In the last two weeks, Nick Ryan's four-part weekly feature series on gold trading - the grey market for in-game currencies, services and items in MMOs - has introduced us to this shady business, and investigated the lives and motivations of the gold farmers and sellers themselves.
Next week's final feature will gather the responses of the biggest and most influential MMO operators - some of whom condemn real-money trading, some of whom are working to build it into their games. But this week, Ryan talks to the people at the business end of the market - for better or worse - the players. Who are the players that use gold sellers? And do as many of us hate the thought of buying gold as we claim?
"When the gold rush comes to town, then you know about it. Like a plague of human locusts suddenly everything is consumed and then when the gold is gone, they vanish..."
The Gold Rush (Charlie Chaplin, 1925)
There you are, in the pantomime that is your favourite MMORPG and up pops your best friend. Wait a minute ... he doesn't respond to 'tells', he's switching alts faster than you can type "Hang on" and within minutes the guild bank is cleared out, and Jonnie is sitting chatting in Mandarin to some elven floozie when you could swear he was from Wisconsin.
When he gets his account back (eventually), Jonnie swears he ran all the latest virus checkers and definitely doesn't download dodgy videos from the internet. So just where did the scammer get his details - and is this the typical face of gold sellers in MMOs today?
We could all name stereotypes when it comes to players who've used gold sellers and farmers to boost their characters. But as Professor Richard Heeks of Manchester University, an expert on real money trading (RMT) puts it rather clearly:
"The supply-demand economics of gold farming are very simple. Some people in the world have more money than time. Other people in the world have more time than money. The former demand finds the latter supply via various physical and virtual channels."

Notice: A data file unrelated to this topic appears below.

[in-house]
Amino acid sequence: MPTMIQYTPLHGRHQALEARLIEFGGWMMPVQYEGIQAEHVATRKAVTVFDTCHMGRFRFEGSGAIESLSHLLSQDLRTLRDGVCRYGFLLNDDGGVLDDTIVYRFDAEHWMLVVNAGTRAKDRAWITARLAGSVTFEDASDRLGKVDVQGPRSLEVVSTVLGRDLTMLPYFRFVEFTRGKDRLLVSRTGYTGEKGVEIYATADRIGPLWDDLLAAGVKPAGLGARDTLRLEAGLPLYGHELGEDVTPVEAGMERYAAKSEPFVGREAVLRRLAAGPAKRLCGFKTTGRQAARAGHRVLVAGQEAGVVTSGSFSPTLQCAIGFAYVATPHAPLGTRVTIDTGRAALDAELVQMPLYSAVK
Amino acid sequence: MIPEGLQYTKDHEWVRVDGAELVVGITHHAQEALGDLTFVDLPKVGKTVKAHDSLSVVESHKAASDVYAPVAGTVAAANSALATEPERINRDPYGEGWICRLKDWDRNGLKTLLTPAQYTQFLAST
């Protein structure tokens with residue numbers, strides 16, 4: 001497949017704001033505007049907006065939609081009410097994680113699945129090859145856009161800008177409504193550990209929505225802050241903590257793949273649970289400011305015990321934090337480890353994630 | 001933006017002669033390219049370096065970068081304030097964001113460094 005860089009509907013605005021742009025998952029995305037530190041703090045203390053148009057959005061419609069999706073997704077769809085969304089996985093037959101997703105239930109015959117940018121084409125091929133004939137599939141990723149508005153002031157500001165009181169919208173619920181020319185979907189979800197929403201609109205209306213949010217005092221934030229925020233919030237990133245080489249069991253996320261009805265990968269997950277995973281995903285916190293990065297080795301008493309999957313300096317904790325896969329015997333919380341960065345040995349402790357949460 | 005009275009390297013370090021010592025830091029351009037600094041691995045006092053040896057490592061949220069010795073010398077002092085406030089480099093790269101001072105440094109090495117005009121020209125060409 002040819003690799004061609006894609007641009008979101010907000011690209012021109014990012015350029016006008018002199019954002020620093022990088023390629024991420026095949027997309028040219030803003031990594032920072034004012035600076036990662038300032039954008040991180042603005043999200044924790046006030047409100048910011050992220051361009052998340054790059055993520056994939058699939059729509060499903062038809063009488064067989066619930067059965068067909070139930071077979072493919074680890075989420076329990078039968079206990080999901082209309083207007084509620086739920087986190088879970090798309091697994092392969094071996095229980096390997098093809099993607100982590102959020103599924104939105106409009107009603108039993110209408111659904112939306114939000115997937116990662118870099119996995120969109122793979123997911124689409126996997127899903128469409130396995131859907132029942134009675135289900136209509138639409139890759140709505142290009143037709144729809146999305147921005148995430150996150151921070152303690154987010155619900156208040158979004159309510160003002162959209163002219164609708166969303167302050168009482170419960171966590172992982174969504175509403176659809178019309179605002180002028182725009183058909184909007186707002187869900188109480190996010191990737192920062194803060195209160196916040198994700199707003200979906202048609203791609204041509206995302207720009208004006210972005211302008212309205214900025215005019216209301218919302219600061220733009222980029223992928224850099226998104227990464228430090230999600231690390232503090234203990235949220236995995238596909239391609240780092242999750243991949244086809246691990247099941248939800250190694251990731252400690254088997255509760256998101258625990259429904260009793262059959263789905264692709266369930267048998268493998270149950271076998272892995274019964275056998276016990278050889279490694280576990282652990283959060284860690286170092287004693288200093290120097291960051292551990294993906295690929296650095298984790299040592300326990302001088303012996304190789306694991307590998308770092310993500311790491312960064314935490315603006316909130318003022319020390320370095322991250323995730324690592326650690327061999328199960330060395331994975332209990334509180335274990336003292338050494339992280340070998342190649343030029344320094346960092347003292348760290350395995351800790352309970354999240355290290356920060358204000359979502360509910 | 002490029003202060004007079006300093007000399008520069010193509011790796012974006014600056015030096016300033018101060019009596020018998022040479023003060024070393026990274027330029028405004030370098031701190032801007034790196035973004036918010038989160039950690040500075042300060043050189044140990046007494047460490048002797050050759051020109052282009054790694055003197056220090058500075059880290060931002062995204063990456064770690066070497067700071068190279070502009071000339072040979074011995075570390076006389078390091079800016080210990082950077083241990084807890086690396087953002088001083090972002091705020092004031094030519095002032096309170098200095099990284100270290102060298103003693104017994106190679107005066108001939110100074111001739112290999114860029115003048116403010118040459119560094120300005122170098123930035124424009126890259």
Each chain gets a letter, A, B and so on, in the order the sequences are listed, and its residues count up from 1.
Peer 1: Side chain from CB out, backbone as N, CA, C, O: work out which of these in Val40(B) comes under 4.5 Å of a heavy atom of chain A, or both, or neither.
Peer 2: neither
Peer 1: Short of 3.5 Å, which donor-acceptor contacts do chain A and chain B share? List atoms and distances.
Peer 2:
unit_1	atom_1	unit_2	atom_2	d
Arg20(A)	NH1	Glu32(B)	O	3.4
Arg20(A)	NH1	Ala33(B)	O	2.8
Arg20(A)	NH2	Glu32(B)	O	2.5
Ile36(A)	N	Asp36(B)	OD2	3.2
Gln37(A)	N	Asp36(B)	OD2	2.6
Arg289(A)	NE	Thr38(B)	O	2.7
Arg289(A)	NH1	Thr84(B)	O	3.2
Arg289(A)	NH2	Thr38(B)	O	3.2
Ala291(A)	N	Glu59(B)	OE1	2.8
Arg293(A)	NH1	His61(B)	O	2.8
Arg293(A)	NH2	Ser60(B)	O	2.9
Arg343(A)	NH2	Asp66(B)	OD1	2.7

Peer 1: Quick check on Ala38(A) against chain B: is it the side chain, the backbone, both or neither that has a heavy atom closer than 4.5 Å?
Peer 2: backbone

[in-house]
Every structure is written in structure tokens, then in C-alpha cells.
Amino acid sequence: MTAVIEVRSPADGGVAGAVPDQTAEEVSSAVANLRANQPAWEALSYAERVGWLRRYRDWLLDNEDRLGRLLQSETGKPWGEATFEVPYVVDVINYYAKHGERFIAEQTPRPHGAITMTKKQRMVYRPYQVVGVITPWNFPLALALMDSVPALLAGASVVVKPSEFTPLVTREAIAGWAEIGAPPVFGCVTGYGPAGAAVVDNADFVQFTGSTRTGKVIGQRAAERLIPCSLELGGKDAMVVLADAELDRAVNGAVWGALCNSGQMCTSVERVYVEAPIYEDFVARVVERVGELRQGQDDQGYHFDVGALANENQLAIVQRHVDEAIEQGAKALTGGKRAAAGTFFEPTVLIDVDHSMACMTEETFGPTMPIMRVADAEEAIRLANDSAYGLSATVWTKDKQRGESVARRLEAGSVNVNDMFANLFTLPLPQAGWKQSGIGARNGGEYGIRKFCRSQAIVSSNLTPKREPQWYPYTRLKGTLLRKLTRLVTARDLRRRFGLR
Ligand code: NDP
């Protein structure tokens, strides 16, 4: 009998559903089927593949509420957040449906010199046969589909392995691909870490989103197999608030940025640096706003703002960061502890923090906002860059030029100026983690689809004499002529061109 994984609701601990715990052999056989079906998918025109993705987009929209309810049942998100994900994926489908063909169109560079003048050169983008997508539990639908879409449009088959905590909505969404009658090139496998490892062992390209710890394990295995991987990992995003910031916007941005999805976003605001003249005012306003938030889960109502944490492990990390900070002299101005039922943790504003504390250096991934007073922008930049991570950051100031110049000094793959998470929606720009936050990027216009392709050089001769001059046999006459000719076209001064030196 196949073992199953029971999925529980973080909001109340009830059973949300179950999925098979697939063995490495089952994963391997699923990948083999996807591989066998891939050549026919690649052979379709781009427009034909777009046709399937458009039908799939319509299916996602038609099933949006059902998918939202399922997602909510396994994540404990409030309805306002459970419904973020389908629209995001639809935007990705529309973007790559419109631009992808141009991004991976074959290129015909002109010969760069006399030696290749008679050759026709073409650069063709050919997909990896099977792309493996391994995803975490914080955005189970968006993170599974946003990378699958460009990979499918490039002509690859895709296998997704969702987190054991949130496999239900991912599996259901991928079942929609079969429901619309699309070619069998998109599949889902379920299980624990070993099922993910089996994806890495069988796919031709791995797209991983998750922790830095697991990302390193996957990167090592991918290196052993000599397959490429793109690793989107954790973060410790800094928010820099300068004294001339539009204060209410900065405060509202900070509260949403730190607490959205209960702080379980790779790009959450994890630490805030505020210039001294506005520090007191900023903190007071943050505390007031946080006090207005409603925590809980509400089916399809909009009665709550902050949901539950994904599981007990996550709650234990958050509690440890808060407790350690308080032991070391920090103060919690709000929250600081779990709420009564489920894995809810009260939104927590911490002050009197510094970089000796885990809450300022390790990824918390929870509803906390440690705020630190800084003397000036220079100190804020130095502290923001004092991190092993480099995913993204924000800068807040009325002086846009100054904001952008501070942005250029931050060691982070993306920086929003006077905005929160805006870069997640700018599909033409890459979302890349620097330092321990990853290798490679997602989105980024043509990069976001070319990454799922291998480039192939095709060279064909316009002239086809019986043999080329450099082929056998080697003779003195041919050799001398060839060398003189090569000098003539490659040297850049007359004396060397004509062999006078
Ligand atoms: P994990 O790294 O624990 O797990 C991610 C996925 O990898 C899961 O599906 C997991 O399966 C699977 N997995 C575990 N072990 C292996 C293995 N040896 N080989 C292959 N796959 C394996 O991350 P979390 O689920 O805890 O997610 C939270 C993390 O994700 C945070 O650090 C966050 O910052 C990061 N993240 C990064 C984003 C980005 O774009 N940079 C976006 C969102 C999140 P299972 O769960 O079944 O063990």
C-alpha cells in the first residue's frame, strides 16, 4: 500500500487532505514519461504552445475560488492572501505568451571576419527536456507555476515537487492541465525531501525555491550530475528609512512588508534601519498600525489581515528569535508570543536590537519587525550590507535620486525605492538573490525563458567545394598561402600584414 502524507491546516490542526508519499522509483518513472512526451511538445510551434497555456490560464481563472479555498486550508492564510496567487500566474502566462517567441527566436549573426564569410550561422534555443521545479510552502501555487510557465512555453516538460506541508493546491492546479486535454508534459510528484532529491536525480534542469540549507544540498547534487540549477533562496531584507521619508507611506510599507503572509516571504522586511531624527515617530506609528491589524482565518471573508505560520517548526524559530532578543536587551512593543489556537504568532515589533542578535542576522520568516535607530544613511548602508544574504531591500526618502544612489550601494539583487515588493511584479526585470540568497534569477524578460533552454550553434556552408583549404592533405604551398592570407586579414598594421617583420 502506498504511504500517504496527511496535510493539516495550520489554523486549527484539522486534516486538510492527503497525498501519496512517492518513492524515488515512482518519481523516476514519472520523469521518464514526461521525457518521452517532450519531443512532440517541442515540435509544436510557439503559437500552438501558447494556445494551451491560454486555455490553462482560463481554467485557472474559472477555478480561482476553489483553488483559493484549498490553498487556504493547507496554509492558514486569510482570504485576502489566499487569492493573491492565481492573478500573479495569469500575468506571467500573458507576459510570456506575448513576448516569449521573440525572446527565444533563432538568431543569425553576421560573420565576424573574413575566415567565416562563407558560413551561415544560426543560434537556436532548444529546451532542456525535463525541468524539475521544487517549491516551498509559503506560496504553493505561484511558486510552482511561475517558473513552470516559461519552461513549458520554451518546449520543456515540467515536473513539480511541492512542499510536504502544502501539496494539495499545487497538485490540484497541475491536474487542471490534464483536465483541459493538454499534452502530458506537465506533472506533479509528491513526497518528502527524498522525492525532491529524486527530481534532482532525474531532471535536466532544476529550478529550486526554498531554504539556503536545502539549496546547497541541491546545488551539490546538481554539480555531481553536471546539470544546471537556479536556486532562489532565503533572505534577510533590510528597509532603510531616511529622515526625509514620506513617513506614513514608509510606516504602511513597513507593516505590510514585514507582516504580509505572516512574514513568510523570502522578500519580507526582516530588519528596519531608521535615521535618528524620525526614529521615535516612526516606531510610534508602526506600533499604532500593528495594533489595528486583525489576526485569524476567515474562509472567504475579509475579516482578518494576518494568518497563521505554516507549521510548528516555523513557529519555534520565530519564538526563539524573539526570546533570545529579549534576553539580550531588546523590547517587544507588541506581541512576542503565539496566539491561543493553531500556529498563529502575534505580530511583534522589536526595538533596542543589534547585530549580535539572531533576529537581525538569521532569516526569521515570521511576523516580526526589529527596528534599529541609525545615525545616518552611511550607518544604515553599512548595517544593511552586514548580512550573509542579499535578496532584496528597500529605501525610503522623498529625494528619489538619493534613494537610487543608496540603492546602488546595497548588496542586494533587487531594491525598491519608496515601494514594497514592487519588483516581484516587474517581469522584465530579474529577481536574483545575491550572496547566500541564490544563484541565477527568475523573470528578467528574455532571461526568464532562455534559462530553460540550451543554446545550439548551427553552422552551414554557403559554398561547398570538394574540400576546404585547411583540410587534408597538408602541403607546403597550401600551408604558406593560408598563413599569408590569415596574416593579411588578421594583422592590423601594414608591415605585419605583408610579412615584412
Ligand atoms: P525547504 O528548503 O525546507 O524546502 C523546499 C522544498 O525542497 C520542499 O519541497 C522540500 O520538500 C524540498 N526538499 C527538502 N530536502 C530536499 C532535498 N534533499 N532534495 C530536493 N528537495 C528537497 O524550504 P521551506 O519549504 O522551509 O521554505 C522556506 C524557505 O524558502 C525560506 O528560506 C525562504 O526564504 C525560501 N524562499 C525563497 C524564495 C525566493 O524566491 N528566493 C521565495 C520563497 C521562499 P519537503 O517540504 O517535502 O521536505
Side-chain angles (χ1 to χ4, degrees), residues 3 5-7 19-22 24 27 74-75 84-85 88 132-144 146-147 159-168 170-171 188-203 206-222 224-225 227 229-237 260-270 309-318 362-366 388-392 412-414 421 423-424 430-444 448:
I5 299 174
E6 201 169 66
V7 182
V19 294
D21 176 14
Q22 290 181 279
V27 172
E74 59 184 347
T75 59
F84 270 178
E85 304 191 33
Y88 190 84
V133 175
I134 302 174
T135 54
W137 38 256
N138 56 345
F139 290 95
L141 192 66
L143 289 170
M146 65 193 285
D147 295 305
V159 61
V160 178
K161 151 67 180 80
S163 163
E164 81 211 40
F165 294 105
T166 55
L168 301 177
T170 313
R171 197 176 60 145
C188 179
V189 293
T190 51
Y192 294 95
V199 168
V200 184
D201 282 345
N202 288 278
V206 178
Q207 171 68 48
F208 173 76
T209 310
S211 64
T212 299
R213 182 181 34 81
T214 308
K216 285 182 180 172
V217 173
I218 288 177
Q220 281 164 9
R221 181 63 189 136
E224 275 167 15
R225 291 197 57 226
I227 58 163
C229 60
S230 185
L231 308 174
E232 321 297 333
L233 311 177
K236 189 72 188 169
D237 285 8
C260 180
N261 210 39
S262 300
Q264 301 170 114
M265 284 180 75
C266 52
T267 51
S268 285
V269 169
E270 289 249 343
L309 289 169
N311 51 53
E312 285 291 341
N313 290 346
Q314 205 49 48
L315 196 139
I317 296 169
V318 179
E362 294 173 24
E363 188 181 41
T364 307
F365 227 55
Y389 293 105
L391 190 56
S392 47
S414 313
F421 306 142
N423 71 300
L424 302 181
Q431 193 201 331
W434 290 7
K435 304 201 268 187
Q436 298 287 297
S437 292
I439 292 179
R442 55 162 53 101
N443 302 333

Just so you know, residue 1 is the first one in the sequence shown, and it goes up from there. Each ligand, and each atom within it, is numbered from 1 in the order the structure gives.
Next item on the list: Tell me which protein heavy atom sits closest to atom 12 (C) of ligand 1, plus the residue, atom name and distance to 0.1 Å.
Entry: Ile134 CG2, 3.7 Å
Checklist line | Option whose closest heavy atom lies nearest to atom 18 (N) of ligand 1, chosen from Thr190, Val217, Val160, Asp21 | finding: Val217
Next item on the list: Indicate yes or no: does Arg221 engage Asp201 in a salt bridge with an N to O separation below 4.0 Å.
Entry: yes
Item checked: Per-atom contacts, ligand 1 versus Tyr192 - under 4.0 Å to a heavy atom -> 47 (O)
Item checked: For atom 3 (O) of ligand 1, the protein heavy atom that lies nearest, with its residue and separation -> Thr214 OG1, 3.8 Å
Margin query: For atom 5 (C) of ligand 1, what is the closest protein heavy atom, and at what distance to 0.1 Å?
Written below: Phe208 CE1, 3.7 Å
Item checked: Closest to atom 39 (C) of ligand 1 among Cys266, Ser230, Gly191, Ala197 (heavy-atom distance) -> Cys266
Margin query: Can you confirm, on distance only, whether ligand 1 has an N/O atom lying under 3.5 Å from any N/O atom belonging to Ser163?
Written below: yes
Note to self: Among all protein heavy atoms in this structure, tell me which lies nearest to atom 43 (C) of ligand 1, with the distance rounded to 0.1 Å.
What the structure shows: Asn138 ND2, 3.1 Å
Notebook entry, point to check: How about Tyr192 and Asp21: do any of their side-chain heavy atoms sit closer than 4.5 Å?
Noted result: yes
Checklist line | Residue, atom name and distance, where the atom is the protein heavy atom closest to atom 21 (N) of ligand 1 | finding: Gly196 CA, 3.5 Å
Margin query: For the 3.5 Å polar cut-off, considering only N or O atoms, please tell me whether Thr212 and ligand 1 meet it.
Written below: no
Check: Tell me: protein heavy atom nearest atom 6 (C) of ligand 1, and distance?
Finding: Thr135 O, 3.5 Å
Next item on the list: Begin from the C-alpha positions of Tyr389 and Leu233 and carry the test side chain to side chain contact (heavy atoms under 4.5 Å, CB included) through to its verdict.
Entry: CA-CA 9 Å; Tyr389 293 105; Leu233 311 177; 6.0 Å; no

Most players, though, still tend to voice the negative when it comes to the gold-selling world. Take just a vox pop of players I've spoken to in World of Warcraft and other MMOs such as EverQuest and EVE Online recently:
"I'm very much against gold-selling and power-levelling services in WOW," claims Tod, a British WOW player in his early 40s. "Quite apart from any potential unbalancing effects on the in-game economy, to me it's cheating for any player to buy gold or get someone else to level up their character.
"I also get irritated at the gold sellers advertising their services by yelling in Orgrimmar, or whispering people and advertising their services if they get a reply. Either way, it's another reduction in the immersiveness of the game experience.
"But I don't really blame the gold farmers or power levellers," he adds. "I blame the people who set up these businesses and probably make most of the money."
Hungarian WOW player Konrád puts it a lot more bluntly: "It's a system of keyloggers. The account goes to a hacker; who then steals your gold or uses your account as a farm character, or both; and then sells your own gold back for real money if you do use this service. Now this is pretty f***ed up as everyone can see, besides it kills the fun in a game designed to interact with other people online and explore fantasy worlds and not to hear from level 1 characters whispering: 'Are you there?'"
Stieg, a 20-something player from Sweden, has tasted the gold selling experience from both ends of the spectrum.
"Except for having my account stolen from me once, and both emptied of gold and used to create one of those annoying gold-seller alts, I have little experience with gold sellers in WOW," he says.